I like that idea.

    4)Another thing. The finder scope is straight - no diagonal mirror. When finding / viewing objects high above horiz, have to get down on knees - tough on the back. Is this the way it has to be done w/ this type scope?

    5) She also got a Bushnell AG 78 1546 some time back w/ "546" on side of scope, which assume is obj focal length?
    It appears to be a MUCH better scope than the Jason, w/ metal tripod & more adjustments. Would everyone agree? Only one eye piece was w/ it - 5mm, making it hard to align finder scope.

    * HOW FAR AWAY would an object need to be to focus w/ the 5mm eye piece & the ?546? focal length scope?

    Haven't tested if the eye pieces are interchangeable, or how much replacements are.

    With this model Bushnell, and higher power eye pieces &/or Barlow lens, what sorts of things could you see clearly? I.E., rings of Saturn, Marvin the Martian waving from Mars?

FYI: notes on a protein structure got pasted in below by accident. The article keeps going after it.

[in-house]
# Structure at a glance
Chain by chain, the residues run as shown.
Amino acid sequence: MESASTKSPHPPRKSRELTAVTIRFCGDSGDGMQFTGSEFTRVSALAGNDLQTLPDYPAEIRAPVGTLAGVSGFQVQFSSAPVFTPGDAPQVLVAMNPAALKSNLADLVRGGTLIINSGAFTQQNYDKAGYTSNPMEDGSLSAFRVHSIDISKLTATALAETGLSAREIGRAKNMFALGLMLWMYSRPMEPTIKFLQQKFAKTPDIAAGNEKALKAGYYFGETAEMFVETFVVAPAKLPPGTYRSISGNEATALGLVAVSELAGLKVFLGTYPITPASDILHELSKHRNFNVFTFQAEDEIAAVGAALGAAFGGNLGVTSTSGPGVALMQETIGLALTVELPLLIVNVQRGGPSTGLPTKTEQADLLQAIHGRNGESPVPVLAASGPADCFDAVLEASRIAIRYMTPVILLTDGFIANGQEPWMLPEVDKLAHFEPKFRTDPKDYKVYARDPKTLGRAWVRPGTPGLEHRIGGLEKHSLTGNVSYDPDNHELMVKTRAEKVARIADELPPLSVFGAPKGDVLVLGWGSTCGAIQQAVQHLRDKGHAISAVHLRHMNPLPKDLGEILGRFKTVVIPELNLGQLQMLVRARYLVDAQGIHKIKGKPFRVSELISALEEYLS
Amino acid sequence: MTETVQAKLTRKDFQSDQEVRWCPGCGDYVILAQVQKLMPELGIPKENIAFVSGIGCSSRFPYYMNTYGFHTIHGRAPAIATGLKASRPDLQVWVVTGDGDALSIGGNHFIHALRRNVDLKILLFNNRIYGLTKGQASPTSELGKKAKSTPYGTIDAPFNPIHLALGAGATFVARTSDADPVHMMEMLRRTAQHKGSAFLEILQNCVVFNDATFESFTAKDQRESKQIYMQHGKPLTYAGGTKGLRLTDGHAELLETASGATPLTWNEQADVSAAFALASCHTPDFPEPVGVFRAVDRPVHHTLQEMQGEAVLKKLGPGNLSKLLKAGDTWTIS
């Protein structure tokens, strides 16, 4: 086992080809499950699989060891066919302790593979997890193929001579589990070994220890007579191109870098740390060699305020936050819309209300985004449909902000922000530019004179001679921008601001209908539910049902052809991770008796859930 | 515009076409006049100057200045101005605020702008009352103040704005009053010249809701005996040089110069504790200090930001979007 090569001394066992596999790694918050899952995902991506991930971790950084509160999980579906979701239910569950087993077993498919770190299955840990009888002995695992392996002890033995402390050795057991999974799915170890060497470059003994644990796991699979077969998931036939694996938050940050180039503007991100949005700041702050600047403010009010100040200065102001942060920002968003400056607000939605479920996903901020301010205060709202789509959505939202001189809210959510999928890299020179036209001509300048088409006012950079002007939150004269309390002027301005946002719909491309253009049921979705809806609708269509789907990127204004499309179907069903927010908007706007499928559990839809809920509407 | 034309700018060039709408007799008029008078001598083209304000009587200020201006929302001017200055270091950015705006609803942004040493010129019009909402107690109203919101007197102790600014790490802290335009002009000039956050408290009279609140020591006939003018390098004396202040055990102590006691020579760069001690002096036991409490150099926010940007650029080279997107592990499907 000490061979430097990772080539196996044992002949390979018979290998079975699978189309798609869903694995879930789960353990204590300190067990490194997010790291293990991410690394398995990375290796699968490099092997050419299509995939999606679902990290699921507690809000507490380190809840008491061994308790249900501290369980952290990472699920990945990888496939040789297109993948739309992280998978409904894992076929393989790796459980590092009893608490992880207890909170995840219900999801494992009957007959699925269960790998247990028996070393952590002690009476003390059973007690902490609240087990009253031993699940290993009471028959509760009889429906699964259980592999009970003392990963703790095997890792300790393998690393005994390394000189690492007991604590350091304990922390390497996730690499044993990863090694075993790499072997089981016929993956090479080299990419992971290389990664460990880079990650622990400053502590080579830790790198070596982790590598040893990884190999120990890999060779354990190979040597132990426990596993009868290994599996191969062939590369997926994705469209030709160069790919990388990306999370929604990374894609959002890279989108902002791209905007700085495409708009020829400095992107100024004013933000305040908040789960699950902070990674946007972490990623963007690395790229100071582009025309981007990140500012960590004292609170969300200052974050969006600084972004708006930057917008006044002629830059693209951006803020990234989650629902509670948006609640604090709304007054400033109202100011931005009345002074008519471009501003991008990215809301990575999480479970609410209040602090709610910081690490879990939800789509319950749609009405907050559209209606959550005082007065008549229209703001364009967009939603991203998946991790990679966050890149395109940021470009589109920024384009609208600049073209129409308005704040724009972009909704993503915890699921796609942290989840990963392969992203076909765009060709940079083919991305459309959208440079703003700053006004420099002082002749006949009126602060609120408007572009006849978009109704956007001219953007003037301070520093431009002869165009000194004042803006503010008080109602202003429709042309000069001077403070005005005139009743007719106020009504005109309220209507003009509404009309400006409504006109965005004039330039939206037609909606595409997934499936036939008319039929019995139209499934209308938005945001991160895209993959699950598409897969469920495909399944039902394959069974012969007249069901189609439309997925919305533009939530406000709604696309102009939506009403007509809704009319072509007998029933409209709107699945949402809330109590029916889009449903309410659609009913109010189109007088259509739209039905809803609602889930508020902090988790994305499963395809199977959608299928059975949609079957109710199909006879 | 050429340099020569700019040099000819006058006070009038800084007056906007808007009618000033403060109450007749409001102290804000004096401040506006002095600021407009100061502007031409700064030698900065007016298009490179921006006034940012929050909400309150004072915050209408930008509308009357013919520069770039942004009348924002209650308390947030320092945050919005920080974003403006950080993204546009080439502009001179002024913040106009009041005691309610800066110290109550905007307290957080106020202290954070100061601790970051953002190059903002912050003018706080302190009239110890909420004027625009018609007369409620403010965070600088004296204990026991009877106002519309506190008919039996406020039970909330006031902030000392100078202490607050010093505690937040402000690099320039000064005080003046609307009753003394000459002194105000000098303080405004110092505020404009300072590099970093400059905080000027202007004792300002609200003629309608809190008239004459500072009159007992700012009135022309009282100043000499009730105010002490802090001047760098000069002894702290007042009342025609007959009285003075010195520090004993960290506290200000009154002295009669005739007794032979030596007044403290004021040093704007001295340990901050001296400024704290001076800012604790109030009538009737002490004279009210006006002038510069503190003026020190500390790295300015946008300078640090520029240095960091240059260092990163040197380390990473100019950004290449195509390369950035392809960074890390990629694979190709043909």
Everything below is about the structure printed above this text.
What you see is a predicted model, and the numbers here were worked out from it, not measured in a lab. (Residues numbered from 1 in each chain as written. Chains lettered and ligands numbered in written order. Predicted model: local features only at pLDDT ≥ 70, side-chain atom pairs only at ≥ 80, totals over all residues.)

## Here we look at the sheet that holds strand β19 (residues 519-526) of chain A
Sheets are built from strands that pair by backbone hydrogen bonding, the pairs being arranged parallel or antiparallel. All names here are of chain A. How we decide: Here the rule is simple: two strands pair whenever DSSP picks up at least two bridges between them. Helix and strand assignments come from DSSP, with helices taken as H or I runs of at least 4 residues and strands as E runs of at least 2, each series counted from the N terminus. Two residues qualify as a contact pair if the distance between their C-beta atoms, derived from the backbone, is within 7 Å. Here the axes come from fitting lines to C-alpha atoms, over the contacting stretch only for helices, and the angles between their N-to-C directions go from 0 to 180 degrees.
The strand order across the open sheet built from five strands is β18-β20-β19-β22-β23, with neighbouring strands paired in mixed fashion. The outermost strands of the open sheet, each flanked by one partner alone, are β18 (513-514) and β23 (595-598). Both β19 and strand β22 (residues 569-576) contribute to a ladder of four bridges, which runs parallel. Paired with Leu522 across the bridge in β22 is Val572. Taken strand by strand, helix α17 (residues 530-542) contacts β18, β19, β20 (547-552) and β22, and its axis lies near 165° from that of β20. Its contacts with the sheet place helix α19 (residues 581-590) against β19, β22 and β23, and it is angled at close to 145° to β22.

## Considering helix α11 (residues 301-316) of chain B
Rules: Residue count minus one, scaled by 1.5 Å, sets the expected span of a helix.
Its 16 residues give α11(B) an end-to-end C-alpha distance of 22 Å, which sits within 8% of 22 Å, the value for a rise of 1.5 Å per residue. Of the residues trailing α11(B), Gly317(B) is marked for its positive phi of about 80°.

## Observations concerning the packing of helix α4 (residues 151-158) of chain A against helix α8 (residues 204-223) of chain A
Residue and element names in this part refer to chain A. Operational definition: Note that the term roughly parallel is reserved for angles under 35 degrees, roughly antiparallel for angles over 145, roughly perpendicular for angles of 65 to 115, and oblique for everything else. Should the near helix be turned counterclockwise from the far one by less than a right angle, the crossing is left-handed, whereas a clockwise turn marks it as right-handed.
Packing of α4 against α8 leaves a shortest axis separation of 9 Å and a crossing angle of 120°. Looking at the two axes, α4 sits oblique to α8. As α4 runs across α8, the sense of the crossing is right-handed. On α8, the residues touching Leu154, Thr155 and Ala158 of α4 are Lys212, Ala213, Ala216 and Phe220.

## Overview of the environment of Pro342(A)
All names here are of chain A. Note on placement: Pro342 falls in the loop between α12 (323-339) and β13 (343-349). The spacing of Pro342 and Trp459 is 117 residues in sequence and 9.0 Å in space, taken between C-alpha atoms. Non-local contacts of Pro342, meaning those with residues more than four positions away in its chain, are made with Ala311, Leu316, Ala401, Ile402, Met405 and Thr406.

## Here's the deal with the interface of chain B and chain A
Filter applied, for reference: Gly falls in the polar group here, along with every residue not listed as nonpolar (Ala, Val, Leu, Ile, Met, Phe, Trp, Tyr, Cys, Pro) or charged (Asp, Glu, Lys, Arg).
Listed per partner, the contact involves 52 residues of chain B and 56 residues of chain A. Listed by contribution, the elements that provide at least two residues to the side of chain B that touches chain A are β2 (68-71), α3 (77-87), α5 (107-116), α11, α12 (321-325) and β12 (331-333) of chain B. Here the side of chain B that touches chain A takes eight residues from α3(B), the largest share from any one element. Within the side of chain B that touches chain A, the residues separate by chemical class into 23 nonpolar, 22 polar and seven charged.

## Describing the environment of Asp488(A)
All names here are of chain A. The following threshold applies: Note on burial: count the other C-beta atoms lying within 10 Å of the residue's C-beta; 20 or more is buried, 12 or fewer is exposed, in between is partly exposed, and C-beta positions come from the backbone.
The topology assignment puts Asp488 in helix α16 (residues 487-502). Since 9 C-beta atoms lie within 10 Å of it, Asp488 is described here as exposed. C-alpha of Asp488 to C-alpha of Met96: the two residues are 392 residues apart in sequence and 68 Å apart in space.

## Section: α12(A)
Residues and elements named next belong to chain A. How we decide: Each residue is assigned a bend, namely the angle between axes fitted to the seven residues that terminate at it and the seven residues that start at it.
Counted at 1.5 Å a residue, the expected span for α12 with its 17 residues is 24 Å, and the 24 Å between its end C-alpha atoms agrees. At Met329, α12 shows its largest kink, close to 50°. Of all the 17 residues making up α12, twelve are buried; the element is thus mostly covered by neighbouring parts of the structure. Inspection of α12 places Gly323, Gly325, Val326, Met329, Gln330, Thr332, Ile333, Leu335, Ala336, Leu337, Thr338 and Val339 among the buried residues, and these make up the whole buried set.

Thanks everyone.

  6. #6
    Join Date
    Dec 2006
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    I'm not familiar with that particular Jason. Does the 525x60 mean they are claiming 525 power?!? If so that scope is likely a toy pretending to be a real telescope. I hope they mean something else by that number like focal length.

    Though the Jason's I've seen brought into Hyde Memorial Observatory by kids who were given one were unfortunately mostly useless. Some refractors could be salvaged with new eyepieces and a few changes to the mount. Though by then they'd paid more than if they'd bought a real scope to start with. We see only the problems so don't know about good ones, if they exist that is.

    A 60mm scope should be used at about 25x (no more than 35x) to find an object. Then once centered you can raise the power to say 80x for the moon and planets for a closer view. If you can't change the eyepiece and have it stay on the object the mount is bad. Typical in dime store scopes unfortunately. A good quality 60mm will max out power at about 120x. One with a long focal length, 700mm or more might stretch to 150x but by then the image is very dim and somewhat fuzzy like an over enlarged picture. Every time you double the power an object, say the Orion Nebula, gets 4 times dimmer. Go from 20x to 120x and it just got 36 times dimmer and it was not all that bright at 20x! Go to 500x as some irresponsible manufacturers claim and you make it 625x dimmer. Talk about black holes!